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  • Rob: Hello, I'm Rob. Welcome to 6 Minute English. With me today is Neil. Hello, Neil.

  • Neil: Hello Rob!

  • Rob: In this programme we're going to be talking about coffee.

  • Neil: Coffee? I've actually got one here in front of me, Rob.

  • Rob: What kind of coffee are you drinking?

  • Neil: It's a skinny latte. And what's that you got?

  • Rob: I've gone for a flat white today. Mmm. That tastes good.

  • Neil: Looks good too! The market for the world's

  • most popular drink has come a long way since the days of instant coffee, when we just added

  • boiling water to some brown powder.

  • Rob: Yes, that's very true, Neil. After that came

  • the giants like Starbucks and Costa Coffee who made coffee drinking trendy and a lifestyle statement.

  • People are far more aware of what they're drinking these days.

  • Neil: But Rob, I don't think we should forget what

  • lies behind the coffee we enjoy every day. It's a hugely complicated business.

  • Rob: Yes, it's the second biggest commodity in the world, after oil.

  • That means the price of coffee is changing every day, every hour even,

  • as traders speculate about the price.

  • Neil: It means farmers in countries like Ethiopia,

  • Costa Rica and Brazil are dependent on the deals that are made in commodity markets thousands of miles from their farms.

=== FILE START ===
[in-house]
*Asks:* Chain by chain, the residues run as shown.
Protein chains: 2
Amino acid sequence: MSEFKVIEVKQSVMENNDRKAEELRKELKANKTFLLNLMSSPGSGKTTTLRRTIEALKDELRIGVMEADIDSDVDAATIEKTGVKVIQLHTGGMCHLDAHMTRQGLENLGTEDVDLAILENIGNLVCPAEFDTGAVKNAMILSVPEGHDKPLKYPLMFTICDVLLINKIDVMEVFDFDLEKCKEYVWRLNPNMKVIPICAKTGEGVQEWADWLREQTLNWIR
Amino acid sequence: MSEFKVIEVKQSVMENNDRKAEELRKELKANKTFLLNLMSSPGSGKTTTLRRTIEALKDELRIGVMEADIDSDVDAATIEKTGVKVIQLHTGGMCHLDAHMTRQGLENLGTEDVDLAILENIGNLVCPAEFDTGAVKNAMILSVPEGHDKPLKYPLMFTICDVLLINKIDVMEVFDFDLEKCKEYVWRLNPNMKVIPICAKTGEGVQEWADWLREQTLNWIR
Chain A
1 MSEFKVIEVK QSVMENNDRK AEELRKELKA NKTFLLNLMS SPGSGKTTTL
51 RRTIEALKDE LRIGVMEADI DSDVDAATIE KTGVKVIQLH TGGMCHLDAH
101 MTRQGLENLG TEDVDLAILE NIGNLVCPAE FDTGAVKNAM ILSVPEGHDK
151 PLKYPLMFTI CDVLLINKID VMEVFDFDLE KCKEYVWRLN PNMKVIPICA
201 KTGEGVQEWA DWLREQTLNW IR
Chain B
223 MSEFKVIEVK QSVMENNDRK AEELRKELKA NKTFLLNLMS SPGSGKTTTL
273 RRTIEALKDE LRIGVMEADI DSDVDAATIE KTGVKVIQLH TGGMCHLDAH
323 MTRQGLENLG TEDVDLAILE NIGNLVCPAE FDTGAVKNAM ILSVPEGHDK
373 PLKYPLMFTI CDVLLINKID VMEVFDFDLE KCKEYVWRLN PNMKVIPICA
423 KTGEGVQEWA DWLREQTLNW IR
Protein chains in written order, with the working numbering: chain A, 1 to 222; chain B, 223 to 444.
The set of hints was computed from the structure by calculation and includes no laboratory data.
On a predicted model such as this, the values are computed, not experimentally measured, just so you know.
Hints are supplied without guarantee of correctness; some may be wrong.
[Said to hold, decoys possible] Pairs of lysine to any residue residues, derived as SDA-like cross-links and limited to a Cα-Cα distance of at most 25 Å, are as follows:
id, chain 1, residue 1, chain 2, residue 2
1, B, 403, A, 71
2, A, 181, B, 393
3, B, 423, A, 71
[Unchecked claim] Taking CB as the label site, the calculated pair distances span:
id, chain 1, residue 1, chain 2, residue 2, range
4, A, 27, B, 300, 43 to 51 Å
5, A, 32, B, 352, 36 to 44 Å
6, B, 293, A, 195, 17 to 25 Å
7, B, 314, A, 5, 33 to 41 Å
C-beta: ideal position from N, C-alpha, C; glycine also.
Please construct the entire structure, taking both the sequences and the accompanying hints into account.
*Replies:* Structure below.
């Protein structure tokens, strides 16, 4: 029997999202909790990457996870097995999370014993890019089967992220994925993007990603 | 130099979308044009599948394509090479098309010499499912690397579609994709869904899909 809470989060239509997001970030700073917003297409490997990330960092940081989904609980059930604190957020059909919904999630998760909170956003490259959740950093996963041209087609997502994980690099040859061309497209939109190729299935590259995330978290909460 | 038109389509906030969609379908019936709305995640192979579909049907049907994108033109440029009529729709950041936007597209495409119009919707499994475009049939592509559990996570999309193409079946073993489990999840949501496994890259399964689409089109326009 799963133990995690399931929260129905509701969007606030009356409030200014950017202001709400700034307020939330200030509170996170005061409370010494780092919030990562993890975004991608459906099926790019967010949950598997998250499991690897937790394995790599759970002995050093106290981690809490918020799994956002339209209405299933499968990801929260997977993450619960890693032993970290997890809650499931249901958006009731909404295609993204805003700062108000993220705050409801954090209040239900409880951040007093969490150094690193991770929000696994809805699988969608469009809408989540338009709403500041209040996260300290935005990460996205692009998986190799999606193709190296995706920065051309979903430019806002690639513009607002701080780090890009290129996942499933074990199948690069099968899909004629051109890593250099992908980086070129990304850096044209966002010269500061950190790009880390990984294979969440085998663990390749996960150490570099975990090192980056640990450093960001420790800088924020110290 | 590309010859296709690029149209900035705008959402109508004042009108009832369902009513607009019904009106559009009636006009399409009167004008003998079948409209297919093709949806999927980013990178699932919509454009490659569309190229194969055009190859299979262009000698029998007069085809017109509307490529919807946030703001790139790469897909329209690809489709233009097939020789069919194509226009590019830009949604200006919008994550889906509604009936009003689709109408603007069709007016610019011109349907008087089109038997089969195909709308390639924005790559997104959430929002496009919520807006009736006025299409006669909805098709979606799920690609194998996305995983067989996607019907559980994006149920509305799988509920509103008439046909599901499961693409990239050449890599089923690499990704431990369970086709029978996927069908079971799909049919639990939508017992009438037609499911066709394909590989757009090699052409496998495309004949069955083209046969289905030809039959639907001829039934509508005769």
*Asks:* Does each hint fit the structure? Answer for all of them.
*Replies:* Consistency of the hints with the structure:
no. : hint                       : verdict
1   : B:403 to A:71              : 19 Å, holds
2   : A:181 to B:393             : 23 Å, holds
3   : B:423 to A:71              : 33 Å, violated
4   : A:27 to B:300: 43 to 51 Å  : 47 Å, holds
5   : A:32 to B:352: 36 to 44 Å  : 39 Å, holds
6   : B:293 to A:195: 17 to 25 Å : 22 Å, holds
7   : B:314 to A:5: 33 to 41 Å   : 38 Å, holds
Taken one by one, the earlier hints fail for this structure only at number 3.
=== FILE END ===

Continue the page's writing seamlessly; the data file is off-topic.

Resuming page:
• It makes them extremely vulnerable.

  • Rob: Let's listen to food journalist Sheila Dillon

  • as she explains the impact of coffee markets on local growers. She uses an expression that means "has a big effect".

  • Can you tell me what it is?

  • Sheila Dillon: What happens in the coffee markets makes waves around the globe.

  • Entire national economies depend on the price of coffee. It's the key

  • to whether individual farmers can provide for their families, face unemployment and

  • ultimately whether whole communities stay on the land or trek to the cities.

  • Neil: She said "makes waves". This means "have a big effect".

  • Rob: She also used the expression "provide for"

  • their families. This means the farmer's family have enough income to live comfortably.

  • Good. Right. So what about our quiz question today? Neil, do you know many cups of coffee

  • are drunk worldwide each year? Is it:

  • a) 38 billion b) 400 billion

  • c) 950 billion

  • Neil: Well, it's going to be a huge number, of course.

  • But I still think I'll go for the lowest figure, which is 38 billion.

  • Rob: Well, we'll see if you got the right answer at the end of the programme.

  • Neil: Now, the price of coffee has soaredthat

  • means gone up quicklyin recent years, Rob. Surely that's good for everyone involved

  • in the business? I believe the profit margins for coffee are among the highest in the world.

  • I can't see what all the fuss is about.

  • Rob: Well, Neil, just because the price is high,

  • it doesn't mean that everyone benefits. It all depends on how the profits are distributed.

  • You see there are countless transactions between the grower and the drinker. A grower can have